When I was in the 5th grade, I loved making miniature replicas of things that I was learning about in school: prairie houses, covered wagons, log cabins, and so much more. When I read about ancient history, I would make models of castles, pyramids, and I even made a sugar cube Roman Colosseum. I loved designing and building in miniature. I loved the challenge of finding materials that could be used in my creations. My good friend, Roxane, was an expert at sewing tiny families of mice clothed in wonderful Victorian costumes. I didn’t know how she crafted them so meticulously. My creations definitely looked child-made. I was so proud of them. Taking the time to create them deepened my understanding not only of the crafting process, but also of the time period I was endeavoring to replicate.
This month in the Wonder Studio, the 5th graders have been working on a small scale. No one mandated that they do so. They all just started making tiny projects. It might be due to the fact that they are starting a unit in math in which they are required to make tiny houses for clients. The clients are comprised of willing teachers and school staff. No matter what the reason, this focus on small is age appropriate and well-suited to their developmental level. Their fingers are now skillful enough to manufacture tiny things, and they are intellectually curious about how various things work. By making miniature models, they are able to gain a fuller understanding of how the real things work.
This is the 5th graders’ second round in Wonder Studio this year. They no longer need an introduction to where materials are stored or how to operate simple machines the hot glue gun, saddle stapler, saw, drill, cardboard scissors, iron, etc.) As soon as we enter the studio, they rush to work. They all have ideas and are ready to put them into action.
A group of three students, then four, now six are constructing a model of their classroom to present to their teachers on Teacher Appreciate Day in April. Four students are creating the classroom with foam core, cardboard, and wood scraps. Two others have labeled themselves “the carpenters,” and are making a series of tiny wooden desks and chairs for the classroom. I sit back and marvel at their ingenuity. I jump in when I’m asked for materials or crating assistance. But the ideas? The ideas are all theirs. In these short set of weeks, I’ve seen their confidence and ideas grow. They are more willing to take risks. They problem-solve, collaborate, and call on each other’s best skills. When I witness this natural buzz of creative process, I become so excited because to me this is the essence of learning. They are in the zone. They are in what Csikzentmihalyi called the state of flow.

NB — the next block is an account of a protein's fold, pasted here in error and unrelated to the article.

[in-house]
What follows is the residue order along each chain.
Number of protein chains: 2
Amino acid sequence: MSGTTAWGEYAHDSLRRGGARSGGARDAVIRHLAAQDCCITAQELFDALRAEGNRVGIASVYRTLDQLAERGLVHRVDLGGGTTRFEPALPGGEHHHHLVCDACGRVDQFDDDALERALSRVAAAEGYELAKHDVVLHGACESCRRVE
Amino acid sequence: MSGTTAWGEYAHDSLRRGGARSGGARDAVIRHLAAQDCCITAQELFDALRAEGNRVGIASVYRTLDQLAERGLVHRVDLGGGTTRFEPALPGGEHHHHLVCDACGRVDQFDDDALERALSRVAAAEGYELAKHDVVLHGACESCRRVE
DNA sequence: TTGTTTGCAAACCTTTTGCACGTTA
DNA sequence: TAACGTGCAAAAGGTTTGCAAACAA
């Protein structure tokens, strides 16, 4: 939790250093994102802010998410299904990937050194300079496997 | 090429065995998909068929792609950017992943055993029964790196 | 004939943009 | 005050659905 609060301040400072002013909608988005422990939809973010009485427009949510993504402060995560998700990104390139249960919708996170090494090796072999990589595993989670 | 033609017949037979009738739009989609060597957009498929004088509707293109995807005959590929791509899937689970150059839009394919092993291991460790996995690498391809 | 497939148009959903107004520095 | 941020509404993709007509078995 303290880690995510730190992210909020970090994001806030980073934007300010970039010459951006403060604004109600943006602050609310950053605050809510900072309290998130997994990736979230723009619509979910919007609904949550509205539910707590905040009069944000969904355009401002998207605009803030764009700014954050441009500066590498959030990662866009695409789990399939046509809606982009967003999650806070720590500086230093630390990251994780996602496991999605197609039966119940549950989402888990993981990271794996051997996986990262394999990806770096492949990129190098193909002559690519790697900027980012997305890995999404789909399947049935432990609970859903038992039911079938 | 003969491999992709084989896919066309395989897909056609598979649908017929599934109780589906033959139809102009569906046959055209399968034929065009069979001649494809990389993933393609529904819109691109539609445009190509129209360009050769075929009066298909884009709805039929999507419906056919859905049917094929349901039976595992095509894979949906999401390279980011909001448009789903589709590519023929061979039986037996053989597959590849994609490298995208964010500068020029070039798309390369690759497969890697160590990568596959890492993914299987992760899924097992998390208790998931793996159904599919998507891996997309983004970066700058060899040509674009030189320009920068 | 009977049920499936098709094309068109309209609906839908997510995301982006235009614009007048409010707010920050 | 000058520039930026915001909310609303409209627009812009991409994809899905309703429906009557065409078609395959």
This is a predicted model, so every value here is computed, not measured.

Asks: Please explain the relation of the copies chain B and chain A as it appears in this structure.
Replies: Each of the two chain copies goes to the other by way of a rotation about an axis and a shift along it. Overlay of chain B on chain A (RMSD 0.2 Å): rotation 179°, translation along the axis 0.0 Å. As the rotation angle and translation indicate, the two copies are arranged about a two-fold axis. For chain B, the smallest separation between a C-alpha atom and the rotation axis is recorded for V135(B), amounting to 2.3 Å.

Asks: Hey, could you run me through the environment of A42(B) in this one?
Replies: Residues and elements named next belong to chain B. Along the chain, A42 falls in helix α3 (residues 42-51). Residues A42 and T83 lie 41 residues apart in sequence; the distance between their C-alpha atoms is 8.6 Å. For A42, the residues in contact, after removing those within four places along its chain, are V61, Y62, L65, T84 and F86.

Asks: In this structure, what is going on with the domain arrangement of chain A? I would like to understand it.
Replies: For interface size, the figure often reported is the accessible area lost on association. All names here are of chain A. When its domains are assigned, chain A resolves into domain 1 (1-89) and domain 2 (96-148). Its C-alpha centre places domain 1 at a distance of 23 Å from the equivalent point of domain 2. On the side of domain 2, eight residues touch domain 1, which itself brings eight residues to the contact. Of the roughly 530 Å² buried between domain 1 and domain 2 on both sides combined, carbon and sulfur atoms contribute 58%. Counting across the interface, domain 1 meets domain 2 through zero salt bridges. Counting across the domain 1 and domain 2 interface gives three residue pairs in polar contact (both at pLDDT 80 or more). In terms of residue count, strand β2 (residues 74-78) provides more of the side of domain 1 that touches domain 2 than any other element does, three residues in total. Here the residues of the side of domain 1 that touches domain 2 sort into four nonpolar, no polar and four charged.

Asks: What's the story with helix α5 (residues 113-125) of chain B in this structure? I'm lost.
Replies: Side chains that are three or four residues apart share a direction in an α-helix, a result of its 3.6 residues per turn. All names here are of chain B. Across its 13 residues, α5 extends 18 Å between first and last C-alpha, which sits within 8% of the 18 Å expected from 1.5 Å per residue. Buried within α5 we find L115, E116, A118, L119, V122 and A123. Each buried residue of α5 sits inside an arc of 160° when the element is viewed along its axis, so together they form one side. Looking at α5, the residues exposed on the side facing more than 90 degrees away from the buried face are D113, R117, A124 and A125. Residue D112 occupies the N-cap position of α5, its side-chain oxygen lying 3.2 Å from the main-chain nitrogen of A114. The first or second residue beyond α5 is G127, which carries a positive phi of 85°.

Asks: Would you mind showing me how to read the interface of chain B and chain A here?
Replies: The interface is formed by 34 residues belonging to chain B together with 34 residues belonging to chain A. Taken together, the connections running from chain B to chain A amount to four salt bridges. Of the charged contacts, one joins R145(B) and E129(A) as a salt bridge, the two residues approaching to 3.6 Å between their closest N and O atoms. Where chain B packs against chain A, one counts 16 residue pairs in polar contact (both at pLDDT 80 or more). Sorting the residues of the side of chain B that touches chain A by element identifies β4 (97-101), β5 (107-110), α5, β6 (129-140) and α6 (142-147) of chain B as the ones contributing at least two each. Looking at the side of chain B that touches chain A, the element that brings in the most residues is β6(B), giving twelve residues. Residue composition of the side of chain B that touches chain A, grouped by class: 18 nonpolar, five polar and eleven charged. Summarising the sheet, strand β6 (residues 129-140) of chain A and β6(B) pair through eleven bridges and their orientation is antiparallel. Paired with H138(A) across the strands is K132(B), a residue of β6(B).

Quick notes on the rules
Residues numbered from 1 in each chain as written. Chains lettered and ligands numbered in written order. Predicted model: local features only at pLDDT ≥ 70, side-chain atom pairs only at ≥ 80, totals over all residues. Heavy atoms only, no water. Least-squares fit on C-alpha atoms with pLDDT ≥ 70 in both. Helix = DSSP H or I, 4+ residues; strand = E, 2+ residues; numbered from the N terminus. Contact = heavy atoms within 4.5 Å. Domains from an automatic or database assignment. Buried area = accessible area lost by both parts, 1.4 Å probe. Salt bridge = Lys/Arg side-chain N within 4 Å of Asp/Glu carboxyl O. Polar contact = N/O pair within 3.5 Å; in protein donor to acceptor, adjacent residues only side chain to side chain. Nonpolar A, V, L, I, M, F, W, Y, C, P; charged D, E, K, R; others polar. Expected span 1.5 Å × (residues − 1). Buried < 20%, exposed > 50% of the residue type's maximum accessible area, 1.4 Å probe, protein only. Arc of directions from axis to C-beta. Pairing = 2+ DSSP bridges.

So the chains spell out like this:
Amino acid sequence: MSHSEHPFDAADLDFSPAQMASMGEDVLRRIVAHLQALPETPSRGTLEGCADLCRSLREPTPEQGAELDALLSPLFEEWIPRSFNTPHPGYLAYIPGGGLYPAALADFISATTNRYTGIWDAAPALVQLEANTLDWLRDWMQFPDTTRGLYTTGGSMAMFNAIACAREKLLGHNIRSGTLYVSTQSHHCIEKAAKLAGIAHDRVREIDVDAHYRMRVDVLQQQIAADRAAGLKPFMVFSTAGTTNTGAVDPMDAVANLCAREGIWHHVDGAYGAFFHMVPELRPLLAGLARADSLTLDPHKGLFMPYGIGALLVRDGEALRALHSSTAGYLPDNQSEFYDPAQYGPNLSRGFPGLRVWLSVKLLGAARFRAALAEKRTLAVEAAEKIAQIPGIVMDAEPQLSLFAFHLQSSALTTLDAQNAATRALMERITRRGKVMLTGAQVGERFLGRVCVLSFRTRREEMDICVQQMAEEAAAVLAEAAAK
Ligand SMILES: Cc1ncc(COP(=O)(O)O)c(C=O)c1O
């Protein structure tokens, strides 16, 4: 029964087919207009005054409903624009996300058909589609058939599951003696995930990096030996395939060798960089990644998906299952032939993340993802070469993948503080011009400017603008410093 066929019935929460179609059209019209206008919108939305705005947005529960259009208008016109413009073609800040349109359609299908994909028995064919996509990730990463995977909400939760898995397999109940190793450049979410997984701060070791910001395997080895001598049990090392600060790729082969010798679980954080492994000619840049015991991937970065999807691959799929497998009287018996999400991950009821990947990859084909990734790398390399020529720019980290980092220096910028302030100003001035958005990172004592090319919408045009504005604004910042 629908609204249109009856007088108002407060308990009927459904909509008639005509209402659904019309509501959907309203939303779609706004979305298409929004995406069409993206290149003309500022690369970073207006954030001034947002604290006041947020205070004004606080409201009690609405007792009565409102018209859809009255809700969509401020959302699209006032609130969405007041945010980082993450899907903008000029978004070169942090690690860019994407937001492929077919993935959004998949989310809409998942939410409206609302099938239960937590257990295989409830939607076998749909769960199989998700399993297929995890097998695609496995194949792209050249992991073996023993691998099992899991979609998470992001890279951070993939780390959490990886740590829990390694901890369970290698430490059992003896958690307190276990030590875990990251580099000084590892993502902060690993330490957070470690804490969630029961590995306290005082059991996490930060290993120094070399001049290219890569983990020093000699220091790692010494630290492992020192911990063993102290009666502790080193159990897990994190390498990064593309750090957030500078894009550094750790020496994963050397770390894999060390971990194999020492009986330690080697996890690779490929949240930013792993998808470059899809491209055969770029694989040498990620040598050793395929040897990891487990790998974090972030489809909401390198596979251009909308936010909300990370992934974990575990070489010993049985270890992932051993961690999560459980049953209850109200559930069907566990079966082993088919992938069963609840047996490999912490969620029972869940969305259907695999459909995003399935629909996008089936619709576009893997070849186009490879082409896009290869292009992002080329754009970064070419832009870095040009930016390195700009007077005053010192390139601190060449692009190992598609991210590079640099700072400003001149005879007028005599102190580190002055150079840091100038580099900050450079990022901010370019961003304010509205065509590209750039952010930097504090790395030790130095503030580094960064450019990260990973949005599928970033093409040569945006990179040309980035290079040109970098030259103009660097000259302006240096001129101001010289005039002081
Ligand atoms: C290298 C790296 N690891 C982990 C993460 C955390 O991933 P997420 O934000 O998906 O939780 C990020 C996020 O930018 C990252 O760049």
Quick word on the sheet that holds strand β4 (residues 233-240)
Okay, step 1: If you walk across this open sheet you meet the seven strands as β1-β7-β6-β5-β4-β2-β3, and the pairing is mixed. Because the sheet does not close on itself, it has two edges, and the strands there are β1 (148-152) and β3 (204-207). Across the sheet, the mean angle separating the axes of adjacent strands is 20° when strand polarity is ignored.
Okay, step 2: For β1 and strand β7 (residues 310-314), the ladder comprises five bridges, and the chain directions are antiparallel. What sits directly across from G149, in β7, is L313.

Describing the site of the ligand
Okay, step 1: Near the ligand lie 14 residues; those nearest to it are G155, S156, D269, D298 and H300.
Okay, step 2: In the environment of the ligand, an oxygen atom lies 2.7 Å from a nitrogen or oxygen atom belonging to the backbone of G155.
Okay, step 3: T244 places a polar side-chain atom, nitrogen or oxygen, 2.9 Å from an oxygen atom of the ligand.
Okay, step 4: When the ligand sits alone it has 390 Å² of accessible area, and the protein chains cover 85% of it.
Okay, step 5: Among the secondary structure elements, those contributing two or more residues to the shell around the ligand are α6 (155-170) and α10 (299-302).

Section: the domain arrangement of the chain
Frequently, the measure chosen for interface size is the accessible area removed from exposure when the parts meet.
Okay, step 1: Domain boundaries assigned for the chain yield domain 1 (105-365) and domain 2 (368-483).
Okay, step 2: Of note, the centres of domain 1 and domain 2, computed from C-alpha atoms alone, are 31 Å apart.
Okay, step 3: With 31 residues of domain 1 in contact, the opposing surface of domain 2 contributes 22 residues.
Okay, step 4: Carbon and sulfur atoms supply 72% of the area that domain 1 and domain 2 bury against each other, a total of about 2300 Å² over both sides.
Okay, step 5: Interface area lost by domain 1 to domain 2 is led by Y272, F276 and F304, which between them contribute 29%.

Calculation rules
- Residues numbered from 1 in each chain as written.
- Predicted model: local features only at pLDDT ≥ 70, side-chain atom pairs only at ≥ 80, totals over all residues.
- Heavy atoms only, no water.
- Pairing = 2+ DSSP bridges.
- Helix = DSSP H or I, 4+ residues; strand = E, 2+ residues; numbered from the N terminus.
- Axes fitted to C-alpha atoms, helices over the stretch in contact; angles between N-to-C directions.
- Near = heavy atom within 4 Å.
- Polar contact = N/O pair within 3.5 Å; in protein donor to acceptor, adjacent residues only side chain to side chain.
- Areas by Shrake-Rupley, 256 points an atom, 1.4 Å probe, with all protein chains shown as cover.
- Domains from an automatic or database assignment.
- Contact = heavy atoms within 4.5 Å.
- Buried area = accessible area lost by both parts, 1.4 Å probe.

Another pair of students have decided to create bakery products. They are concocting donuts, coffee cakes, and cupcakes with found objects from the Wonder Studio. One student found a way to make roasted marshmallows. They find things that I didn’t even know we had! They cut, paint, glue with happy abandon.
Anna has brought a small plastic bag with her to the Wonder Studio. She takes out a miniature pinball machine that she started at home. It is incredibly tiny, and she is determined to make it work. I am in awe of her precision. I keep wondering how we can transfer this kind of agency and enthusiasm to regular classroom experiences. The students always tell me that Wonder Studio should be a “real subject” like math and English. They want that challenge of coming up with an idea, their own idea, and seeing it grow into a reality. They need time to do this.
Ida, who is unafraid to try something new, excels in Wonder Studio. I call her “our engineer.” She loves making tiny replicas of machines that really work (a humane trap, a windmill, a rolling cart – to name a few). This week, she saw a “That was Easy” button I had on a counter and decided to make one out of cardboard soup container lids. Ida’s button says, “OOF!” on the top, and when you press it, it makes a soft whooshing sound. I am amazed and ask her how she constructed it. Ida looks at me like I have just asked the dumbest question on the face of the planet, shrugs her shoulders, and says confidently, “Compressed air.” I am constantly surprised by Ida’s ingenious designs.
These small creations, this work in miniature, garner big results. The students now own the Wonder Studio. It is their space. They know how to use it. They are no longer hesitant but dive head-long into projects – trying ideas, sometimes abandoning them, but mostly following through and sharing their creations proudly.